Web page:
Flappy Bird is no more, or at least is on its way to becoming just a little bit less ubiquitous. Dong Nguyen, the Vietnamese developer of the simplistic, but irritatingly difficult and addictive mobile time-killer looks to be making good on his promise to remove the game from the Google Play store and Apple App Store.
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On Saturday, as Paul Tassi covered for Forbes, Nguyen tweeted that he would be taking the game down as of noon eastern time on Sunday, citing the apparent stresses and pressures of dealing with the response to his overnight gaming sensation that shot to the top of the free app charts last month.
Nguyen said he had no interest in selling the game, which has reportedly been making the one-man shop $50,000 a day in ad revenue, and that the decision had nothing to do with legal issues (Forbes contributor Erik Kain is among those that have speculated that the game’s resemblance to some of the art from Nintendo's Super Mario series could draw the company’s ire). Instead, he simply said on Twitter that “I cannot take this anymore.”
As promised, Flappy Bird was no longer available in the Google Play store and iTunes App Store as of noon Sunday.
There’s been plenty of speculation that taking down the world’s most popular mobile game of late could be a stroke of marketing genius, cultivating a ton of attention, last minute downloads, and perhaps building hype for a possible follow-up game.
This is certainly a possibility, but Nguyen’s Twitter feed going back 18 months doesn’t read like the thoughts of a viral marketing mastermind. As Flappy Bird really began to take off in a viral way last month, Nguyen seems to try to keep up with the flood of questions and requests, but becomes increasingly apologetic for his inability to stay on top of the deluge. He also tries to downplay the success of the game in multiple tweets, like in this February 4th response to a reporter from Newsweek:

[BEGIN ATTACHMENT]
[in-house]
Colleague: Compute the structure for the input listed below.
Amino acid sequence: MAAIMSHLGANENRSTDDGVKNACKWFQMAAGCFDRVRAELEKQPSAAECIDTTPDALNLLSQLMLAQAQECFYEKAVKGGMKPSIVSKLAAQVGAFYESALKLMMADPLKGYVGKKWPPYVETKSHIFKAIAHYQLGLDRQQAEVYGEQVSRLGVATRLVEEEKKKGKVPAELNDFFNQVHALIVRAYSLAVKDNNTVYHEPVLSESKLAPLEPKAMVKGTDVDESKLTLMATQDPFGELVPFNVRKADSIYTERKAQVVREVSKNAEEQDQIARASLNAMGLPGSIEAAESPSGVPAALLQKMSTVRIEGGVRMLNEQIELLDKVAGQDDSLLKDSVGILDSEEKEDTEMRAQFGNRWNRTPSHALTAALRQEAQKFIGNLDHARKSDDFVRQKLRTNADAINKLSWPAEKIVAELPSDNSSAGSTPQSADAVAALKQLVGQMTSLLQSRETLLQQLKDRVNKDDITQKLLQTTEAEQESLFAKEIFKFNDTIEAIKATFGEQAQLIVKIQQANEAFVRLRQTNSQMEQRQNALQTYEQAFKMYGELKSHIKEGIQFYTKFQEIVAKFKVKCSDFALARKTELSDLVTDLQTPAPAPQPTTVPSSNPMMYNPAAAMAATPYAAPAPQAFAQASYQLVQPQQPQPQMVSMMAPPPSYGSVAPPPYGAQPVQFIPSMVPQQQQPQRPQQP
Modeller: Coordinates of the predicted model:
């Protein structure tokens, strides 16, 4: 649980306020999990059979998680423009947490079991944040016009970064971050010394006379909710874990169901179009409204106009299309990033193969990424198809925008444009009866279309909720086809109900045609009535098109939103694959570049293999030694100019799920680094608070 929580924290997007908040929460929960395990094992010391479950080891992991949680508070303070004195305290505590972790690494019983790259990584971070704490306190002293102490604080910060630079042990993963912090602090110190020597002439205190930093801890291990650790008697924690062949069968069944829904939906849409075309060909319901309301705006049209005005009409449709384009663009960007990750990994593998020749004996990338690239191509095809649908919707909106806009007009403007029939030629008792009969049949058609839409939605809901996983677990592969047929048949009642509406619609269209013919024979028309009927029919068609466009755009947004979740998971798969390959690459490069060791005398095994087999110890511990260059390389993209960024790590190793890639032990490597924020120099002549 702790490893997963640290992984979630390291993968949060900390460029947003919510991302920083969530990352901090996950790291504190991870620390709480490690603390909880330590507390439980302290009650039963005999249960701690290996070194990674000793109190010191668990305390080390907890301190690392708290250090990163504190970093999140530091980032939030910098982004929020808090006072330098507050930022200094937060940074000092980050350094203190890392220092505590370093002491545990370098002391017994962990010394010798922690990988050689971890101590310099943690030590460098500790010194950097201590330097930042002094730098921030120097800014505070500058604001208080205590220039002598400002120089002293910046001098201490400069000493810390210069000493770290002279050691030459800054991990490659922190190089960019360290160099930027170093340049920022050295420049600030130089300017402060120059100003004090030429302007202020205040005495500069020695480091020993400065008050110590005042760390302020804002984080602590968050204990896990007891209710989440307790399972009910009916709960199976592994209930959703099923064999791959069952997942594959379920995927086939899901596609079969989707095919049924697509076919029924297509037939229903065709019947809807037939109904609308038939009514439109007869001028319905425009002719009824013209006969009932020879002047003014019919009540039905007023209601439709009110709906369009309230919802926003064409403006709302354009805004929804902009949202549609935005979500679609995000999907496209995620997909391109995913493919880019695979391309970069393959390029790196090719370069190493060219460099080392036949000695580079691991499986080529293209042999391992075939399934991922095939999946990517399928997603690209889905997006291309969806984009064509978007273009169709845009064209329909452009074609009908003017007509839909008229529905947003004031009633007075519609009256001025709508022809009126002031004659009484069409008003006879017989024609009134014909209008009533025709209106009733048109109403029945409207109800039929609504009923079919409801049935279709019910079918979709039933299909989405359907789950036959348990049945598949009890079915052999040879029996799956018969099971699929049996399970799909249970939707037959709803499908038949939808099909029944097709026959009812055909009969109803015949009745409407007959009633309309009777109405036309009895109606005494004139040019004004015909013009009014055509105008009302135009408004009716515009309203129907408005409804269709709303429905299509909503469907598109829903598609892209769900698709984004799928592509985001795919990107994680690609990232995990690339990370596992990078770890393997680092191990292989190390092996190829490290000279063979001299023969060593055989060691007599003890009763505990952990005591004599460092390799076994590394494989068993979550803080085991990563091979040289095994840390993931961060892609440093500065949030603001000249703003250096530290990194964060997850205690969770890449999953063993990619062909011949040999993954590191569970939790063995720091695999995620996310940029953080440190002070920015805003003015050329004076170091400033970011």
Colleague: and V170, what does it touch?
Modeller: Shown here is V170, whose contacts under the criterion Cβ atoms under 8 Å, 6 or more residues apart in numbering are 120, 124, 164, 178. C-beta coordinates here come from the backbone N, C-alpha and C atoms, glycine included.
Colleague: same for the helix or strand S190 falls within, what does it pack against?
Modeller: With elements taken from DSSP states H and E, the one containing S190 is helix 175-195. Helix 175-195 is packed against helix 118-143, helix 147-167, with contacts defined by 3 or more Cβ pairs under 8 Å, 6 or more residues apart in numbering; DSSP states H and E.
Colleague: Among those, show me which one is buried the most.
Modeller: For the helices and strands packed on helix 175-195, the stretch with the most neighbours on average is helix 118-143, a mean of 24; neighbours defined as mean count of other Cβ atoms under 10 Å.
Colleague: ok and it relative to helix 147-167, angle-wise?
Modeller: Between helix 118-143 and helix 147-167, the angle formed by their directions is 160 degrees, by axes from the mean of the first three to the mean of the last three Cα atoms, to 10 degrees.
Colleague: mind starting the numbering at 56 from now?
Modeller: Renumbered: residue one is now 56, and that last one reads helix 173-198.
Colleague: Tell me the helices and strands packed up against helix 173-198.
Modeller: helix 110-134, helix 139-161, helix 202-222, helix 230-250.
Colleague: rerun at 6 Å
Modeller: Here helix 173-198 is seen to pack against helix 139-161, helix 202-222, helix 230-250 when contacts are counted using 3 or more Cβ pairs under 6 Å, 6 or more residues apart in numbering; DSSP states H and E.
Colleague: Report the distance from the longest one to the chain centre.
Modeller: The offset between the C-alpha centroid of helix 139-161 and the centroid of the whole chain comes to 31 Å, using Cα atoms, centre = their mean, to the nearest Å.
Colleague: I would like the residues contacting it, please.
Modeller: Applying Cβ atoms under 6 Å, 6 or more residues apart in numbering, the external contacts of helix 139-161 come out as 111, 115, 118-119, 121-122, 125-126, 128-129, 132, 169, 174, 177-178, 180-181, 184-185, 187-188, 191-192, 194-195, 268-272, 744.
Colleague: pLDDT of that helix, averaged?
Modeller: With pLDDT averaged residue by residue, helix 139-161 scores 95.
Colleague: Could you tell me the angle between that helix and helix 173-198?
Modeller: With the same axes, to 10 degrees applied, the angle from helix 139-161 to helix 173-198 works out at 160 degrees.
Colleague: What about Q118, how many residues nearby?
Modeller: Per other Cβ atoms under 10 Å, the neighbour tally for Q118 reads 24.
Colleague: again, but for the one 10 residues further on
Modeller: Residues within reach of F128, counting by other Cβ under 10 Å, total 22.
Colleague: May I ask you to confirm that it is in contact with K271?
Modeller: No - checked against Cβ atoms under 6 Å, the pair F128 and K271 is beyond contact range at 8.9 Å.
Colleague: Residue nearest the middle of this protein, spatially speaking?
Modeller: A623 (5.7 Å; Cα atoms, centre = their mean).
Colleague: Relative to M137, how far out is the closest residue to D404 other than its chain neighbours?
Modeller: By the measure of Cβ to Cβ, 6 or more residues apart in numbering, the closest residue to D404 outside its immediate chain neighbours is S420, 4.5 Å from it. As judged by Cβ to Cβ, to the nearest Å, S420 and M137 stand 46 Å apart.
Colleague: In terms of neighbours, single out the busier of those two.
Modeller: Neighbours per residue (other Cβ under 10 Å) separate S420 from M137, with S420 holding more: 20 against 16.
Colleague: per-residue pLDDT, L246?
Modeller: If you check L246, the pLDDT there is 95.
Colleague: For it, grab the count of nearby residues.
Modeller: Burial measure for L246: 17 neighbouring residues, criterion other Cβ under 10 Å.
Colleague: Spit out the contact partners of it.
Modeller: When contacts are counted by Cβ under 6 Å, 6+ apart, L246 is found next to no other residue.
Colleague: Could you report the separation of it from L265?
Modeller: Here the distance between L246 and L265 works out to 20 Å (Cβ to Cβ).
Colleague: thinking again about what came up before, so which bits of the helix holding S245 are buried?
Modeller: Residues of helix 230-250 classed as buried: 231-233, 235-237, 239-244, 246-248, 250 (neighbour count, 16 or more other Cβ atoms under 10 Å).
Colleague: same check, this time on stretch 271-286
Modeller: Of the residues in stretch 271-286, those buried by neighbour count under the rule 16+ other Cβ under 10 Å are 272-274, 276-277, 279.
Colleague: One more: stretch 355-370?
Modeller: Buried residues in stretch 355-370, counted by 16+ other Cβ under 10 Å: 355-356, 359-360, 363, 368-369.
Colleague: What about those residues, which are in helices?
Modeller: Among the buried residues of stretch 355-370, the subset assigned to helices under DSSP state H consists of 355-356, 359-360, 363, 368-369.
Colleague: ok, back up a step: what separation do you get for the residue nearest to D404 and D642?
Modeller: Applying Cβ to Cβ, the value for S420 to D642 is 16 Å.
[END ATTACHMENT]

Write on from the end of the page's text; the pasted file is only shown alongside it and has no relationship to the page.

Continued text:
“I think press should give my game some peace. Its success is really overrate! I’m sorry, I refuse to answer questions.”
He also blames interruptions from the press for slow progress on the game and the arrival of a Windows Phone version.
In the end, it all seemed to be too much for Nguyen.
I can call ‘Flappy Bird’ is a success of mine. But it also ruins my simple life. So now I hate it.
— Dong Nguyen (@dongatory) February 8, 2014
Flappy Bird itself was actually released earlier in 2013 with no more fanfare than a few simple tweets from Nguyen. He was then silent for months afterward on Twitter. Clearly he was not trying to push the game viral with much fervor.
I suppose it’s possible that some great social marketing minds has got their claws into Flappy Bird, and its demise is part of a master scheme to hype it or its successor, but it actually reminds me more of behavior I’ve seen from a well-known name in Silicon Valley: Apple co-founder Steve Wozniak.
The original lovable nerd in the game for the sake of making things more than profits, Wozniak is also one of the more approachable people in technology, always willing to answer questions or return a reporter’s email. At the same time, I’ve seen him share his apologetic exasperation at his inability to keep up and respond individually to all the birthday wishes he receives on social media.
Nguyen seems to be in the same vein, and it’s kind of a shame. If he were to tell a few more reporters to shove it so he could get back to work, we’d probably understand. Or, maybe it’s time to hire a publicist.